# Set-theoretic equality of splitting fields within a fixed algebraic closure

Let $F$ be a field and let $f(x)\in F[x]$ be a polynomial. Recall the following two facts:

(1) algebraic closures are unique up to isomorphism

(2) splitting fields are unique up to isomorphism

Fix an algebraic closure $\overline F$ of $F$. Is it true that any two (necessarily isomorphic) splitting fields $E,E'\subseteq \overline F$ for $f$ are equal $as$ $sets$ in addition to being isomorphic?

My intuition tells me that this should be the case: fixing an algebraic closure allows us to fix roots of $f$ within this particular ambient field, and since any splitting field is the smallest field containing these roots, any two such fields must actually be equal as sets, in addition to being isomorphic. Does this sound about right? Is this totally trivial?

Yes, this is correct. The only splitting field for $f$ over $F$ in $\overline{F}$ is the subfield of $\overline{F}$ generated by $F$ and all the roots of $f$ in $F$.

(To be clear, for this to be true, by "splitting field for $f$ over $F$ in $\overline{F}$" we must mean a splitting field for $f$ over $F$ which is a subfield of $\overline{F}$ (so the field operations are the same) and whose copy of $F$ is the same as the copy of $F$ inside $\overline{F}$.)

• I don't think this is correct. For example, both $\;\Bbb Q(\sqrt2)\;$ and $\;\Bbb Q[x]/\langle\,x^2-2\,\rangle\;$ are splitting fields of $\;x^2-2\in\Bbb Q[x]\;$ over $\;\Bbb Q\;$...and they both are in the algebraic closure $\;\overline{\Bbb Q}\;$ of the rationals. Of course, they clearly are isomorphic...but not equal as sets as the elements in one are completely different than in the other one. And this is what I mentioned in may answer, which was downvoted without explanation. Am I missing something? Feb 6, 2018 at 8:28
• My only issue with this example is, it would seem, that $\mathbb{Q}(\sqrt{2})$ and $\mathbb{Q}[x]/(x^2-2)$ are not actually in $the$ $same$ algebraic closure of $\mathbb{Q}$. From what I can tell, the first is a subset of the algebraic closure of $\mathbb{Q}$ which sits inside the complex numbers, and the other is a subset of the Artinian construction of the algebraic closure of $\mathbb{Q}$ (defined using Zorn's lemma and quotienting out by polynomials). Feb 6, 2018 at 16:28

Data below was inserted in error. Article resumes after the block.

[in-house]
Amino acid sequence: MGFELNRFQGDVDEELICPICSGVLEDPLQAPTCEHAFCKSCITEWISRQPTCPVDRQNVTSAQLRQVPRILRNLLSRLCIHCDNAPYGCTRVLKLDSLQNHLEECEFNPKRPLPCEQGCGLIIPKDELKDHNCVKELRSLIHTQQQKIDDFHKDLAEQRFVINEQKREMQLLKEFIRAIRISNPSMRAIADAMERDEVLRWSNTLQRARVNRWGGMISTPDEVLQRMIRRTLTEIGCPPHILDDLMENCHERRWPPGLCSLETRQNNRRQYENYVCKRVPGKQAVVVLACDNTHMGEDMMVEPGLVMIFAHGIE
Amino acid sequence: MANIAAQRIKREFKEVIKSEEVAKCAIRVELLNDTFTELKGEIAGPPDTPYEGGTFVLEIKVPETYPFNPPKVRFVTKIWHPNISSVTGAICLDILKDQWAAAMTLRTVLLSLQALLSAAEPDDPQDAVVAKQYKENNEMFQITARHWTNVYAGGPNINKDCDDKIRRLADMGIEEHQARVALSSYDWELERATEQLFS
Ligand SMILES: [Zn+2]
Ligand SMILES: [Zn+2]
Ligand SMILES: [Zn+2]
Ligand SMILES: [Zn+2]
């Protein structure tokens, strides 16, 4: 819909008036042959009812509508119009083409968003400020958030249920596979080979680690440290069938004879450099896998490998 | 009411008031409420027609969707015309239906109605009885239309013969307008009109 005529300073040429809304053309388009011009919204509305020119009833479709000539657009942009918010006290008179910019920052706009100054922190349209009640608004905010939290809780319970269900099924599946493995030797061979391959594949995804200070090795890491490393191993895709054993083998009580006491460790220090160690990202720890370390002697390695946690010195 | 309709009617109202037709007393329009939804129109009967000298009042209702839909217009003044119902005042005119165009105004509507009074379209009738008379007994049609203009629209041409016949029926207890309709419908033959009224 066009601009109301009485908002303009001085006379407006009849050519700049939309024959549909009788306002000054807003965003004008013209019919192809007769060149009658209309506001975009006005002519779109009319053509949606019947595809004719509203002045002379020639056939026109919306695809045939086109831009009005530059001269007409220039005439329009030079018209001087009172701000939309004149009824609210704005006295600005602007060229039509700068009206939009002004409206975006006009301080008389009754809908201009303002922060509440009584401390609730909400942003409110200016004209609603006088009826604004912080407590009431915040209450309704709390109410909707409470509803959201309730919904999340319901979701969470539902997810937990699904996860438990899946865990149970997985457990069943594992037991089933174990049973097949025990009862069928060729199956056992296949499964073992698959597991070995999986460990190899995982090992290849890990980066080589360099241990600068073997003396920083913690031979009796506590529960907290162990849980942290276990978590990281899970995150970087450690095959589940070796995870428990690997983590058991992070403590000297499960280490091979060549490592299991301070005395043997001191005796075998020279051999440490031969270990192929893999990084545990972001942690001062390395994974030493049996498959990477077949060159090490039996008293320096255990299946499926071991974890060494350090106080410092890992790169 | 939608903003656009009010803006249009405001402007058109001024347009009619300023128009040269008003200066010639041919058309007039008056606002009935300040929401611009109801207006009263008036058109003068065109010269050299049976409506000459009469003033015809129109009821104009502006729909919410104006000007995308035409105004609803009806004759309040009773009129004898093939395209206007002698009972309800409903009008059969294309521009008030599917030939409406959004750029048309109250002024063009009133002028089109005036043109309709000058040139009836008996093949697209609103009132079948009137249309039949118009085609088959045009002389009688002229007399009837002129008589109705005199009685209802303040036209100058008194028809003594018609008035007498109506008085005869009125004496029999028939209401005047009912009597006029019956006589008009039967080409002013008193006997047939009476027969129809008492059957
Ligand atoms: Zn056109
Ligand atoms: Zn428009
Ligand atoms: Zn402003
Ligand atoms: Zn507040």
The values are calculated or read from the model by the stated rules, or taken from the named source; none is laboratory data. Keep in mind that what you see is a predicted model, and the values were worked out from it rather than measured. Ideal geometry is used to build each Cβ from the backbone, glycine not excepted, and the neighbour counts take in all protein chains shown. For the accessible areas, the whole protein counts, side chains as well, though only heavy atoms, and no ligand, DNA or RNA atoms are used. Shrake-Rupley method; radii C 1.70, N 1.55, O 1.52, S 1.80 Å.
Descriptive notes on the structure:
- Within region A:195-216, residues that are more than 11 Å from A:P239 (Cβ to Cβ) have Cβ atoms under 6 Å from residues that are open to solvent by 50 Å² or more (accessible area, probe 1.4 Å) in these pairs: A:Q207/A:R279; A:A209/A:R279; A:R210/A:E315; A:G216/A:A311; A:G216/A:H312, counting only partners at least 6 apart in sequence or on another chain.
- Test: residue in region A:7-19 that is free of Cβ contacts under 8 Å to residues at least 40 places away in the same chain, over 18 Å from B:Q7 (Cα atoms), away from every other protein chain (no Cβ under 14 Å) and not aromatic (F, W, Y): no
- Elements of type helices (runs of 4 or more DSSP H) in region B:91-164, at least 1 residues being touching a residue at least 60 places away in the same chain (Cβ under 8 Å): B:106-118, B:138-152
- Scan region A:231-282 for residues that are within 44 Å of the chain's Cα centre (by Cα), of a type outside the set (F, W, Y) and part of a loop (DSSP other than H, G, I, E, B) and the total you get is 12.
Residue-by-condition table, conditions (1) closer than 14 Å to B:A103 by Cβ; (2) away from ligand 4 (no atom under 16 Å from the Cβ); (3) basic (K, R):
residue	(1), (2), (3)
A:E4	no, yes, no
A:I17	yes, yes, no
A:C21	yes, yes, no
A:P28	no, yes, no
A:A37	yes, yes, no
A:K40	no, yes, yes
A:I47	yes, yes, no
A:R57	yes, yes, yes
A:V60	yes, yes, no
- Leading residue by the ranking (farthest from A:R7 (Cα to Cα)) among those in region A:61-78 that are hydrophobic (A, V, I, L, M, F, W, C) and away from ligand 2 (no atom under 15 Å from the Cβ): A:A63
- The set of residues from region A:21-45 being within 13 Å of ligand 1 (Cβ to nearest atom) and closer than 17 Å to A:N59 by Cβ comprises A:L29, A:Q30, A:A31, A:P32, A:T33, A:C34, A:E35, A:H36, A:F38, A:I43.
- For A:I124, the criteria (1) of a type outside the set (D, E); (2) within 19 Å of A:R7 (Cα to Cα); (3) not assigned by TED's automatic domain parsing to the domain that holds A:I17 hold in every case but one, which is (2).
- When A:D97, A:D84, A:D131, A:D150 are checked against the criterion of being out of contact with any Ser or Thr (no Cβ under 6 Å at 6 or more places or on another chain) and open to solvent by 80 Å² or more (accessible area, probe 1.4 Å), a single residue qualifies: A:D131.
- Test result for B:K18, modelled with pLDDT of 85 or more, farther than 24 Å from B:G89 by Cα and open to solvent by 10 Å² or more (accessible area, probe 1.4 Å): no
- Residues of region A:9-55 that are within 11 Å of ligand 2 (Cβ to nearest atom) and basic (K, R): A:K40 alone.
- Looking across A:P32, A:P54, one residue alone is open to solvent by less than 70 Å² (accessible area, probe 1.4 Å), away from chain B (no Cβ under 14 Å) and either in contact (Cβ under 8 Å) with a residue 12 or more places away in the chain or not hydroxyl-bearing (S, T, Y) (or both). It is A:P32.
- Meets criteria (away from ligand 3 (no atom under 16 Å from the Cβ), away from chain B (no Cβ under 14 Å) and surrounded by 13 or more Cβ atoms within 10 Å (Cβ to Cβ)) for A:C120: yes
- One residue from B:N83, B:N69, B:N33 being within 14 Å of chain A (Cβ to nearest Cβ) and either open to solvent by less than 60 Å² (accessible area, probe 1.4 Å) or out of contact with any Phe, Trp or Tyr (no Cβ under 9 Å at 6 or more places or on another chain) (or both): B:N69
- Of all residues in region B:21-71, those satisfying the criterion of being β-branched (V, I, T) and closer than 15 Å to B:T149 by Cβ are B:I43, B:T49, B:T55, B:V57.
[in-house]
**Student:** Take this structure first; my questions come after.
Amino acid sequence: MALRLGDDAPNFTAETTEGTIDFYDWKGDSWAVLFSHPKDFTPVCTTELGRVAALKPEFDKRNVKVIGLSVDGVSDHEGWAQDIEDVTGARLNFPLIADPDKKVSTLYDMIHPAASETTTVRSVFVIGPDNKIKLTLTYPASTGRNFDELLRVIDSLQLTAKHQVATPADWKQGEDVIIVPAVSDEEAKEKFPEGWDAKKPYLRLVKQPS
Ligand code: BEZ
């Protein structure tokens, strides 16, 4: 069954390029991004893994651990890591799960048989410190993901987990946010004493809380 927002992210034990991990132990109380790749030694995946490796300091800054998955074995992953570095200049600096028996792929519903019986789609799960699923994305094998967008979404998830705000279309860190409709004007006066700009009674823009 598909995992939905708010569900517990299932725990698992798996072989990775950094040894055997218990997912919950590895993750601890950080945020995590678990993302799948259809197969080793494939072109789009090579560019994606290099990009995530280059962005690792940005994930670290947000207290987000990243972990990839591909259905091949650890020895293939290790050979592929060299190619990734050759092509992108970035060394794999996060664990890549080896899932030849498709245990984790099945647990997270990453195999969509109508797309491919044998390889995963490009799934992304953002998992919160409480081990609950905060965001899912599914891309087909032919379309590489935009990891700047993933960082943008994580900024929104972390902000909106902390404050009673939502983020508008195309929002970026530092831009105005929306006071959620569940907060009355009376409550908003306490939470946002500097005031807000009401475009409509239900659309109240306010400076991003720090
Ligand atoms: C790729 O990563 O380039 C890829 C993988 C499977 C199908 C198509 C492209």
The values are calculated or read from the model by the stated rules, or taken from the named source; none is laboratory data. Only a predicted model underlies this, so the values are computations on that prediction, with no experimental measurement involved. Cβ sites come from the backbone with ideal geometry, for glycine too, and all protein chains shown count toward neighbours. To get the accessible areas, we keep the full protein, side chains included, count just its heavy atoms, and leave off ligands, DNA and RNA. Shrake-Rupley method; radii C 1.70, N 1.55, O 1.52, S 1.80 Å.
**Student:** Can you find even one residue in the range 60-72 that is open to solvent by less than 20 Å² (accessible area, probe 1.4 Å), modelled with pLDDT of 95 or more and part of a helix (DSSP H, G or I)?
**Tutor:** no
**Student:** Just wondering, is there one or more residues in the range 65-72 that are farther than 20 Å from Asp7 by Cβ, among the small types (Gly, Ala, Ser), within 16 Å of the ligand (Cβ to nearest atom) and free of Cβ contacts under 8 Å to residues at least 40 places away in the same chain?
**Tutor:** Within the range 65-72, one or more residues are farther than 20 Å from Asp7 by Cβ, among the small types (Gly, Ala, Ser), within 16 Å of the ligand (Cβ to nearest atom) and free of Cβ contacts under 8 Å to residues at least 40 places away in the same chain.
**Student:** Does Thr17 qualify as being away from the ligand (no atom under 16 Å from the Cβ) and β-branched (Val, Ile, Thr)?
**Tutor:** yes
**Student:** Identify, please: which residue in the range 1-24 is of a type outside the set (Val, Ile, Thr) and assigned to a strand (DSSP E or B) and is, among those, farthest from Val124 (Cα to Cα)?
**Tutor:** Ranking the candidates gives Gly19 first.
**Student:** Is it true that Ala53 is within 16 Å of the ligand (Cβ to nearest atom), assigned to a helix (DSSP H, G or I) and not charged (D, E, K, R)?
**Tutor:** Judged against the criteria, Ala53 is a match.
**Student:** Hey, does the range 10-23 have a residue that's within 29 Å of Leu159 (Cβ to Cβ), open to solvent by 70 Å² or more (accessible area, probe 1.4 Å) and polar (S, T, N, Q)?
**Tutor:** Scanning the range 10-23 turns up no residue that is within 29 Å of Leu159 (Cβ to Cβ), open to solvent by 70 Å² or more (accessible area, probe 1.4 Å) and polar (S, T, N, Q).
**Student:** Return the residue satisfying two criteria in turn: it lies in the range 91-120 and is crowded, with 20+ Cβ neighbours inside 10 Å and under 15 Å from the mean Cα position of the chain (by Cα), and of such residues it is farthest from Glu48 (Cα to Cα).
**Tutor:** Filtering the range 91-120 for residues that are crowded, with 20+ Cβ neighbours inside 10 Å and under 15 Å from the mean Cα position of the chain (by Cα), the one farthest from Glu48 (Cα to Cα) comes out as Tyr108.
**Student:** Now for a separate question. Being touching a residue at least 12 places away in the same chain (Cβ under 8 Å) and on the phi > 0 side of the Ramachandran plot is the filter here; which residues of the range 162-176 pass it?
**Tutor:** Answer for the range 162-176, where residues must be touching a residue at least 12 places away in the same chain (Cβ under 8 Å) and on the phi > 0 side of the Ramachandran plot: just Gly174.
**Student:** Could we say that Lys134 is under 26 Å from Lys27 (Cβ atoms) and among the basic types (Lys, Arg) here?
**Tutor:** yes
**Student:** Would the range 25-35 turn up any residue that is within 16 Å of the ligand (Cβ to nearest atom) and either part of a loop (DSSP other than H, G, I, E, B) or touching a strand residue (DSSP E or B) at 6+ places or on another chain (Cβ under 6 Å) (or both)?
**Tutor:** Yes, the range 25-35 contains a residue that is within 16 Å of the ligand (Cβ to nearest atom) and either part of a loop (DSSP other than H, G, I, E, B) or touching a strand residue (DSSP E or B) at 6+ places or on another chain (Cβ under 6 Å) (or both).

• @Jacob111 That may be an issue of language: in both cases the ground field, $\;\Bbb Q\;$ , is embedded in a rather canonical way: $\;q\mapsto q\cdot+0\cdot\sqrt2\;$ for $\;\Bbb Q\hookrightarrow\Bbb Q(\sqrt2)\;$ , and in the other $\;q\mapsto q+\langle x^2-2\rangle\;$ for $\;\Bbb Q\hookrightarrow\Bbb Q[x]/\langle x^2-2\rangle\;$ ...and thus both extensions are contained in the same algebraic closure of $\;\Bbb Q\;$ . Somehow this seems to be a pretty standard thing, as all the books I can remember always talk of "isomorphic splittingfields"...etc., never as "there's only one" ... Feb 6, 2018 at 21:39
• @DonAntonio: I have no idea what you think "the same algebraic closure" means. As far as I can tell you think the word "same" is completely meaningless in that phrase... Feb 6, 2018 at 21:45
• @EricWofsey Oh, that's simple to explain: it means what most mathematicians know it is: an algebraically closed field which extends the ground field and is algebraic over it. Isn't it the same for you? Perhaps I'm missing something else the OP wrote in his question, but not such a basic thing... Feb 6, 2018 at 21:50

I don't think they are equal as sets. Remember that in our way to get splitting field for $\;f(x)\in F[x]\;$ , we first get (assuming $\;f\;$ is irreducible, otherwise we take one of its irreducible factors) the quotient ring (field) $\;K:=F[x]/\langle f(x)\rangle\;$ .

Here, we already have no more $\;F\;$ but an isomorphic copy of $\;F\;$ within $\;K\;$ , and there could be several ways to obtain that copy...